Dezeen Magazine

Future is Rural video presented at London Design Biennale's Japan Pavilion

A film featuring projects that emphasise the Future is Rural theme of the Japan Pavilion at the London Design Biennale, which was curated by Yuki Sumner.

Yuki Sumner aimed to highlight projects by artists, designers and activists tackling issues such as depopulation and an ageing society in rural Japan, in both the pavilion and the film.

Future is Rural video presented at London Design Biennale's Japan Pavilion
The video was presented at the Japan Pavilion during the London Design Biennale

"The core concept was to showcase some of the transformative grassroots interventions in rural Japan – a country that has faced rural depopulation and ageing population since the 1970s," Yuki Sumner told Dezeen.

"I started thinking about rural Japan when I attended the lecture on Zoom given by Atelier Bow Wow for the Royal Academy of Arts in 2021," she continued. "Yoshiharu Tsukamoto talked about how the practice's focus had shifted to rural areas in more recent years and his weekly engagement with the Small Earth Community in rural Chiba set up by Yoshiki Hayashi."

Named The Future is Rural, the film was shot by Yuki Sumner and her photographer husband Edmund Sumner in Mount Gassan, Yamagata, northern Japan.

It includes interviews and footage of those working in the region, including Small Earth Community founder Yoshiki Hayashi. Throughout the film, Yuki Sumner was keen not to show a stereotypical version of rural Japan.

"I didn't want to present a romantic vision of the countryside in Japan," she said. "I wanted to show people working hard to preserve the traditional farming landscape in rural Chiba. I wanted to show people collecting rubbish along a river in the countryside."

"I wanted to show people observing an ancient ritual, chanting together to welcome ancestral spirits on the day of the dead and together helping the spirits find their way home safely," she continued.

Japan Pavilion at London Design Biennale
The pavilion includes a painting made using ink from coal and cheese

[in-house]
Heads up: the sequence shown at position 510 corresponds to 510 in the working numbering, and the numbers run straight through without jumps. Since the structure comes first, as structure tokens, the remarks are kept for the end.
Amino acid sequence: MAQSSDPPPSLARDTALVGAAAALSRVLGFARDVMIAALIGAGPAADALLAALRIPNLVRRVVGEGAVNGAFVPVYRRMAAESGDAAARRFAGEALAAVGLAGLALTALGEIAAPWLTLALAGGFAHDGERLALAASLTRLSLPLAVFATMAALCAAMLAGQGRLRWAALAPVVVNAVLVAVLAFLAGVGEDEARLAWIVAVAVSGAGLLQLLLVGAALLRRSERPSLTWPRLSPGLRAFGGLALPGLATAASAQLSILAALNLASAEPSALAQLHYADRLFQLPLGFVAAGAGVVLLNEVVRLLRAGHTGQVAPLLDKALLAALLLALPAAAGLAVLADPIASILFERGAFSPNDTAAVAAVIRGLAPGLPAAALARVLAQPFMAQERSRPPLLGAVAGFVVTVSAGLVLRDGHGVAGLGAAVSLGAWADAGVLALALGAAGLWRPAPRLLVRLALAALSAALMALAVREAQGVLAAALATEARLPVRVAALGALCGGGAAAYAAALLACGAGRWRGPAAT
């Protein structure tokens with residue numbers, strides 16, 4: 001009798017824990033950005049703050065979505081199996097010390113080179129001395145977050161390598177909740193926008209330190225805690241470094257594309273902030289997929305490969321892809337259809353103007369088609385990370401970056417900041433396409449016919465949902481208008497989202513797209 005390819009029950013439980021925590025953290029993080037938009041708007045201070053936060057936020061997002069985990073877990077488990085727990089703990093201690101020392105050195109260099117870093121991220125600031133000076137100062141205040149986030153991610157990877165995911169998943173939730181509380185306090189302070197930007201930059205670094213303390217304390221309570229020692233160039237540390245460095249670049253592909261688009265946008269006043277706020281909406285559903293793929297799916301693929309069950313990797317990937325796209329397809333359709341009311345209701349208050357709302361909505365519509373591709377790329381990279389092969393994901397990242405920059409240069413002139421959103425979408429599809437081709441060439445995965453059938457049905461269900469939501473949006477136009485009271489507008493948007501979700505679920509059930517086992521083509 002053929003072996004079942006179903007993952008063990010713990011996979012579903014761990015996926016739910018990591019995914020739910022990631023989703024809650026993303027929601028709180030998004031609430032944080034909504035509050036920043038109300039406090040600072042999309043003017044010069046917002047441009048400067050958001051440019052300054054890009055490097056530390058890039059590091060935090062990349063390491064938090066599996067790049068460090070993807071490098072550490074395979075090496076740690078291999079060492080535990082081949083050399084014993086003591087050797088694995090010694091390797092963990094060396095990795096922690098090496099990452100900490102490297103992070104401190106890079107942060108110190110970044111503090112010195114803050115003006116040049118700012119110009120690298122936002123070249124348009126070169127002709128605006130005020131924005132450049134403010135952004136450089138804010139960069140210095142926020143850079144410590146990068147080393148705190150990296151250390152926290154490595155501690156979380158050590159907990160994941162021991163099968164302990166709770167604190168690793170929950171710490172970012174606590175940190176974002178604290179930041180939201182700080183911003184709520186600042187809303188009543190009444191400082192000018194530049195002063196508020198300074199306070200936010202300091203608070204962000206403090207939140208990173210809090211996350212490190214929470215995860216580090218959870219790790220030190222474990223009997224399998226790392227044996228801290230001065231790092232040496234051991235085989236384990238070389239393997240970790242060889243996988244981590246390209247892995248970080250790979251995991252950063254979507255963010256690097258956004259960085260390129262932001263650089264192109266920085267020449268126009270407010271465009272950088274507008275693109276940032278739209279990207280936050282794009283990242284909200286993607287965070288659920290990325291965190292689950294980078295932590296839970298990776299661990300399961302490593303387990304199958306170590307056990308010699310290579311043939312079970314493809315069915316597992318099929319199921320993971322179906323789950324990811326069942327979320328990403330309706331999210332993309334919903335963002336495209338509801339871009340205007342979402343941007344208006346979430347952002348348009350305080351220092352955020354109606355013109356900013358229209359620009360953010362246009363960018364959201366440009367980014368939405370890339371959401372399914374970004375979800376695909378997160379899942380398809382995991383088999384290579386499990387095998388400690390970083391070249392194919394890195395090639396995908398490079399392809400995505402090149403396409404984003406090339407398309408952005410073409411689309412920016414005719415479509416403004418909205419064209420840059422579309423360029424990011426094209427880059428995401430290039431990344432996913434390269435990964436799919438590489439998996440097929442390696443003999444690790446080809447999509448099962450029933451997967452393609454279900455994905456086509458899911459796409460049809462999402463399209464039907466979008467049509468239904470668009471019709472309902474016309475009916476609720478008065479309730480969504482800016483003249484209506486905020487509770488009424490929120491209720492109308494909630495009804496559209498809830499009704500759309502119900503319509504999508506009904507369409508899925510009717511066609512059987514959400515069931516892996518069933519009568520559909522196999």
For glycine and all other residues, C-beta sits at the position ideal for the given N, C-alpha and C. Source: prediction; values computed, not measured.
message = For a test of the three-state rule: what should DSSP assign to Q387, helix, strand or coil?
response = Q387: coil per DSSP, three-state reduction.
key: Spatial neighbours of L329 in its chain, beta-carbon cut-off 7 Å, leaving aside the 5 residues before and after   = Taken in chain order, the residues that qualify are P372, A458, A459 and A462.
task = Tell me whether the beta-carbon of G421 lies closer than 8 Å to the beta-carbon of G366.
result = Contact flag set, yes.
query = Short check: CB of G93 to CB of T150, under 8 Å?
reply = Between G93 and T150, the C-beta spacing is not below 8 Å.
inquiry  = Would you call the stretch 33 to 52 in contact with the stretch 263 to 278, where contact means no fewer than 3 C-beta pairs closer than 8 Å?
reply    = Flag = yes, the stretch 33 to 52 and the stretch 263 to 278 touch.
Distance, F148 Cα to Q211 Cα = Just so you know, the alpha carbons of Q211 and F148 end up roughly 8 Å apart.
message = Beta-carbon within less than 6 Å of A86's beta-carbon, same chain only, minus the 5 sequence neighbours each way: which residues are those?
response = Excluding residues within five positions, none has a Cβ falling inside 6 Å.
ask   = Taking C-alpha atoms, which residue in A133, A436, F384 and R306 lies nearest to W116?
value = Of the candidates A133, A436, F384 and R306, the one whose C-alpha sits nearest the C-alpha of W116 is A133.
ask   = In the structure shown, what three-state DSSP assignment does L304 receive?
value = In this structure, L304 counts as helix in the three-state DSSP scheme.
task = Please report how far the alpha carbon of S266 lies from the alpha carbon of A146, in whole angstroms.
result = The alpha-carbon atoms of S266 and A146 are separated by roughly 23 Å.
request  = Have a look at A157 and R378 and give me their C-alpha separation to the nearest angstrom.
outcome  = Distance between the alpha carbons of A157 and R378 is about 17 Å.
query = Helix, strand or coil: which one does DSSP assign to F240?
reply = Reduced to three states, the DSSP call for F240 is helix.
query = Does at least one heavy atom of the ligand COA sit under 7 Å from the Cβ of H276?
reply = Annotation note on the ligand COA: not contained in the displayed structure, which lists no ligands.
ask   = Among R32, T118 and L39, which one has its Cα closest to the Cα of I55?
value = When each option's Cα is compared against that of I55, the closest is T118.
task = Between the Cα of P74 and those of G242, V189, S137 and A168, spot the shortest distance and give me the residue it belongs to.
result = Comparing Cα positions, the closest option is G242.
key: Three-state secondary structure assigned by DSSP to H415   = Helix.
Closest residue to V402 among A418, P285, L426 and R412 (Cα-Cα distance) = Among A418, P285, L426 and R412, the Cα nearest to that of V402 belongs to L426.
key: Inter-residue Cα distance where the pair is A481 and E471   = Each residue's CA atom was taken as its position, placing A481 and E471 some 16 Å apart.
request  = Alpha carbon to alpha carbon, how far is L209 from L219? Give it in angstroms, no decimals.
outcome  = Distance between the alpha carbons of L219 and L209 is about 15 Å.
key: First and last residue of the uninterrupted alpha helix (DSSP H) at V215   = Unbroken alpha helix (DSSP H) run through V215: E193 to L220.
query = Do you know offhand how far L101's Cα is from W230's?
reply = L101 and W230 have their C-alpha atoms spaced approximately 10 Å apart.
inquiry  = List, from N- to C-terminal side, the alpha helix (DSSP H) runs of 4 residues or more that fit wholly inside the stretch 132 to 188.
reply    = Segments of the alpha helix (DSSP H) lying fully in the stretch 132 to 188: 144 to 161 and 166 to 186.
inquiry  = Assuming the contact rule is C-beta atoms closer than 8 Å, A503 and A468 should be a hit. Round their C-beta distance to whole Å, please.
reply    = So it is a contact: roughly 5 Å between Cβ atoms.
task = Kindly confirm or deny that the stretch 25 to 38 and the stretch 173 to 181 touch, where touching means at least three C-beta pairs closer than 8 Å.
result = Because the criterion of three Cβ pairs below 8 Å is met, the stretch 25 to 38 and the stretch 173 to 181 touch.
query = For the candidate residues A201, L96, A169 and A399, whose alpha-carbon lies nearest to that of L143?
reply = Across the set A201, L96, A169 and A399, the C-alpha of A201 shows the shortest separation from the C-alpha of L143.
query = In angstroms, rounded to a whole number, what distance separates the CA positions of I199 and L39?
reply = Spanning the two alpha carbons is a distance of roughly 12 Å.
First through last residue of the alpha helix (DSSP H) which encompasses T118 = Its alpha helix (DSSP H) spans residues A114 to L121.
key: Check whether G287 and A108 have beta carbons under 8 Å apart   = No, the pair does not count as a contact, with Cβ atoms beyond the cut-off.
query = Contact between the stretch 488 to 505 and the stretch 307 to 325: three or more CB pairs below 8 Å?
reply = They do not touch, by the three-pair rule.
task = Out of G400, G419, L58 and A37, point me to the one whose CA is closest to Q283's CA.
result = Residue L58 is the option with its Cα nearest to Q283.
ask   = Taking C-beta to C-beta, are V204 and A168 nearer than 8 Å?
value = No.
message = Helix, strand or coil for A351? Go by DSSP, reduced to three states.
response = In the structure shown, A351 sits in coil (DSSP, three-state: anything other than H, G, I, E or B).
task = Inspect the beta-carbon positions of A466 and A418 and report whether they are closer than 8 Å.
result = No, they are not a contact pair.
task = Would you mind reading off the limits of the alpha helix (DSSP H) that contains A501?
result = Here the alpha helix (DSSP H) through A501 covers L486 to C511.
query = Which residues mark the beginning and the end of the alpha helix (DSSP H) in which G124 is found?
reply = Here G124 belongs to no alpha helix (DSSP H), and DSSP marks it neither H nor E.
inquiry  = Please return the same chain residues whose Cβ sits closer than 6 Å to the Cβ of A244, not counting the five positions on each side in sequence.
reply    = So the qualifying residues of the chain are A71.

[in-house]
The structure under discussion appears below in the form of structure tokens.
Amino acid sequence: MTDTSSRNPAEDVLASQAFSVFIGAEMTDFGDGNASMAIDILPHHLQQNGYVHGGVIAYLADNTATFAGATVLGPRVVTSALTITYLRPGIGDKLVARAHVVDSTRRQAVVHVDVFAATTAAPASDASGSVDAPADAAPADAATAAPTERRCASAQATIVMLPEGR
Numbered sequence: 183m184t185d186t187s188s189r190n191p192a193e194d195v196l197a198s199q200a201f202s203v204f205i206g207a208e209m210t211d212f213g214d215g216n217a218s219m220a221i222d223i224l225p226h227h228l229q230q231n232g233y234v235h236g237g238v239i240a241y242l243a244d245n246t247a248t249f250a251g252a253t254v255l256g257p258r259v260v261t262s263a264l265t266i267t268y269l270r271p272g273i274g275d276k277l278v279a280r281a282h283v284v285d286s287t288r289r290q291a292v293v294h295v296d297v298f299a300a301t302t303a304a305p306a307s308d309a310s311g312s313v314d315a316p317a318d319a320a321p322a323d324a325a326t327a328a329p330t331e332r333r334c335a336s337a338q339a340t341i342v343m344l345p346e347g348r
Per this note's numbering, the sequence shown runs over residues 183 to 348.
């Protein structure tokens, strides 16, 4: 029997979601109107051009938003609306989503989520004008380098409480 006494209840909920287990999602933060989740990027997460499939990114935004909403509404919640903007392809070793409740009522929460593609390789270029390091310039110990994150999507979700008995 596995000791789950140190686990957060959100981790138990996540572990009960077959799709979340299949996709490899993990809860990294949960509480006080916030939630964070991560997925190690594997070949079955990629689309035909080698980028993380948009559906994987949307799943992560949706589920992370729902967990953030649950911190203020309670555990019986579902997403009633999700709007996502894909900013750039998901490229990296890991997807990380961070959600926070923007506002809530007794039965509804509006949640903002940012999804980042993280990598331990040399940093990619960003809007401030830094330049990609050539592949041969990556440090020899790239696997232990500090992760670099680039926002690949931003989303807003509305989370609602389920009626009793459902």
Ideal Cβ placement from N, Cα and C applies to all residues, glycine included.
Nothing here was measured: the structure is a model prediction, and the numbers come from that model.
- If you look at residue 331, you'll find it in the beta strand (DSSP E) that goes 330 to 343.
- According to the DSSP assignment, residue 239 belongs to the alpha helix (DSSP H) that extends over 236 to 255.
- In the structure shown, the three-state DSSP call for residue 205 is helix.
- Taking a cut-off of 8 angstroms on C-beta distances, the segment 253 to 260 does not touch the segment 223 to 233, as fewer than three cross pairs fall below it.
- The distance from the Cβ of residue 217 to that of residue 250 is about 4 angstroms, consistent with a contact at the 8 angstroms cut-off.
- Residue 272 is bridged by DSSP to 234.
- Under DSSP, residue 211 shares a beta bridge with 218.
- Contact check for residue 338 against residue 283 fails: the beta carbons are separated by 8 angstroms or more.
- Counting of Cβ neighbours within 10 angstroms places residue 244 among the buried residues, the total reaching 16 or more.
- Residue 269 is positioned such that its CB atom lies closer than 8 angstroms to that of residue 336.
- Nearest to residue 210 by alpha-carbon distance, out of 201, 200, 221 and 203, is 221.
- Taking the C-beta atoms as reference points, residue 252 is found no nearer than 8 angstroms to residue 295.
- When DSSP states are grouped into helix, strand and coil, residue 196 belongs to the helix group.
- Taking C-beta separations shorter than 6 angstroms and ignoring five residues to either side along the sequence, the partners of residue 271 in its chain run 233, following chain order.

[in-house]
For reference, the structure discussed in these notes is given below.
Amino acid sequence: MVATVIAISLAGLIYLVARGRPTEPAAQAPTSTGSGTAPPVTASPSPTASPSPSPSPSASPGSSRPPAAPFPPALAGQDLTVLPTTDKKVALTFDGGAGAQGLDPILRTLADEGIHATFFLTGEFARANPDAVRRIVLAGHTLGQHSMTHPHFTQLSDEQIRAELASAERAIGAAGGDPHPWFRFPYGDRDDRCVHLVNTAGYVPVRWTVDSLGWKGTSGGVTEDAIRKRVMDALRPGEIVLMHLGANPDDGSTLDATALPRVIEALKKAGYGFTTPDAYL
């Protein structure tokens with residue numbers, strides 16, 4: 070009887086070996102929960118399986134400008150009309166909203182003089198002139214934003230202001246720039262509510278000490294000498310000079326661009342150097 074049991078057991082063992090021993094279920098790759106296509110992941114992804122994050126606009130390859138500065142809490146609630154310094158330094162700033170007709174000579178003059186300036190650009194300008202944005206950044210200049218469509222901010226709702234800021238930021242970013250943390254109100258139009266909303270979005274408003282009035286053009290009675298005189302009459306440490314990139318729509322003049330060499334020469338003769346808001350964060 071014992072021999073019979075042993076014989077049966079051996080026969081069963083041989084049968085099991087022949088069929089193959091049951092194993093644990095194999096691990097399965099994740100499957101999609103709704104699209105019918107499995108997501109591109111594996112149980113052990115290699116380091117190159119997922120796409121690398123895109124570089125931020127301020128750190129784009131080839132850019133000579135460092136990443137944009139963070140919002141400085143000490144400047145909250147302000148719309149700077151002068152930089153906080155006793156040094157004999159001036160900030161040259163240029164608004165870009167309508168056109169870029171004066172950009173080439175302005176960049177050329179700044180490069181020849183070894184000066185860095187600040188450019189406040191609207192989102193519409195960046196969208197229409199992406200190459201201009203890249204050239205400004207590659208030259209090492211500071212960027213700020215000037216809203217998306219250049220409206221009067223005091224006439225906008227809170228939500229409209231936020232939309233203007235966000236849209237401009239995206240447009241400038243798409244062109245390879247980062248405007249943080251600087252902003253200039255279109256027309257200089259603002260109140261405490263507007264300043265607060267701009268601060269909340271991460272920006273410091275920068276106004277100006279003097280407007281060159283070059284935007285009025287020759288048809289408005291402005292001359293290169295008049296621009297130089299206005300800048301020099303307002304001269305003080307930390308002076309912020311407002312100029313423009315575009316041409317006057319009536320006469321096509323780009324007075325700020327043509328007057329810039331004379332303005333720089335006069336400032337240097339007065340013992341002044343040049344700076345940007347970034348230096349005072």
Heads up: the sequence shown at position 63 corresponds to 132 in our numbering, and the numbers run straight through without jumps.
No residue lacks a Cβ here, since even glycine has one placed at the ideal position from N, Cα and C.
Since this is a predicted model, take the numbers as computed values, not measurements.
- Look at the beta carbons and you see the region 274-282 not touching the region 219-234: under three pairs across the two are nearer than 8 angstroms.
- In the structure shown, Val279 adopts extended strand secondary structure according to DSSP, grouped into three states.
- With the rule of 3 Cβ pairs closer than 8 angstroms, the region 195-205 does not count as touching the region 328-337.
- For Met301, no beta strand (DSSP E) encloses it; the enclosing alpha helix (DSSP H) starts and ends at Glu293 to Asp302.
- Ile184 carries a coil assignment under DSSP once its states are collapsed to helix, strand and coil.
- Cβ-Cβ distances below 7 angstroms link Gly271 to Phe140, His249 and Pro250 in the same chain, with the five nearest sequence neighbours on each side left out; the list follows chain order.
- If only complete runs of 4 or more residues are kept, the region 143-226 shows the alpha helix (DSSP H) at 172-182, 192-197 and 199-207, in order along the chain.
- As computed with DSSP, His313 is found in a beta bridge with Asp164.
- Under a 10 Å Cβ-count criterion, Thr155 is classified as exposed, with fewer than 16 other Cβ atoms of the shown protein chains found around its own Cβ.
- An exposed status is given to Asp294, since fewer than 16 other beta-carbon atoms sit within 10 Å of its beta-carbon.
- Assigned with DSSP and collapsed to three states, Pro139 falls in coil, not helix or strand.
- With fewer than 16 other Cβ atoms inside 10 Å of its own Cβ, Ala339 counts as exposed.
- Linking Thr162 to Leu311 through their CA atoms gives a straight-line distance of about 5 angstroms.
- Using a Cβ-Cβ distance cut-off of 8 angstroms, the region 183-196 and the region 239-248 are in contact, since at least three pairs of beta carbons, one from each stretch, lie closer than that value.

Along with showcasing how people are tackling issues faced in rural areas in Japan, Yuki Sumner believes that the film will demonstrate how much can be learned from those based in the countryside.

"The knowledge and wisdom passed down through the generations can be forever lost if we don't connect with them properly," she said.

"If design is about caring about other people and art is about imagination, then with a little bit of care and imagination, we can begin to tackle issues like isolation and loneliness more effectively," she continued.

"We can learn a lot from people in the countryside, from the elderly locals especially. Artists such as Ayuko Inaba and Katsunobu Yoshida, who appear in the film, choose to live in the countryside as they are inspired by local customs and traditions to make their artworks."

Sheep-shaped chairs
It also included sheep-shaped chairs

The film was created for the Japanese Pavilion at the London Design Biennale 2023. Alongside the film, the pavilion contained items designed or informed by the countryside.

It included sheep-shaped chairs made by artists Katsunobu Yoshida and Tatsuhiro Ara with Mauro Dell'Orco and a painting by Katsunobu Yoshida and Ayuko Inaba, made using ink from coal and cheese.

There were also glow-in-the-dark Rubbish Rabbit mascots made from waste material by Ryo Okamoto along with a picture book about the Rubbish Rabbits.

The Japan Pavilion was one of many installations at the London Design Biennale. To mark the opening, Dezeen rounded up ten standout pavilions from the exhibition including a giant wind chime and touch-sensing bio-textiles.

The photography is by Edmund Sumner.

The 2023 London Design Biennale is on show at London's Somerset House from Melbourne from 1-25 June 2023. For more information about events, exhibitions and talks, visit Dezeen Events Guide.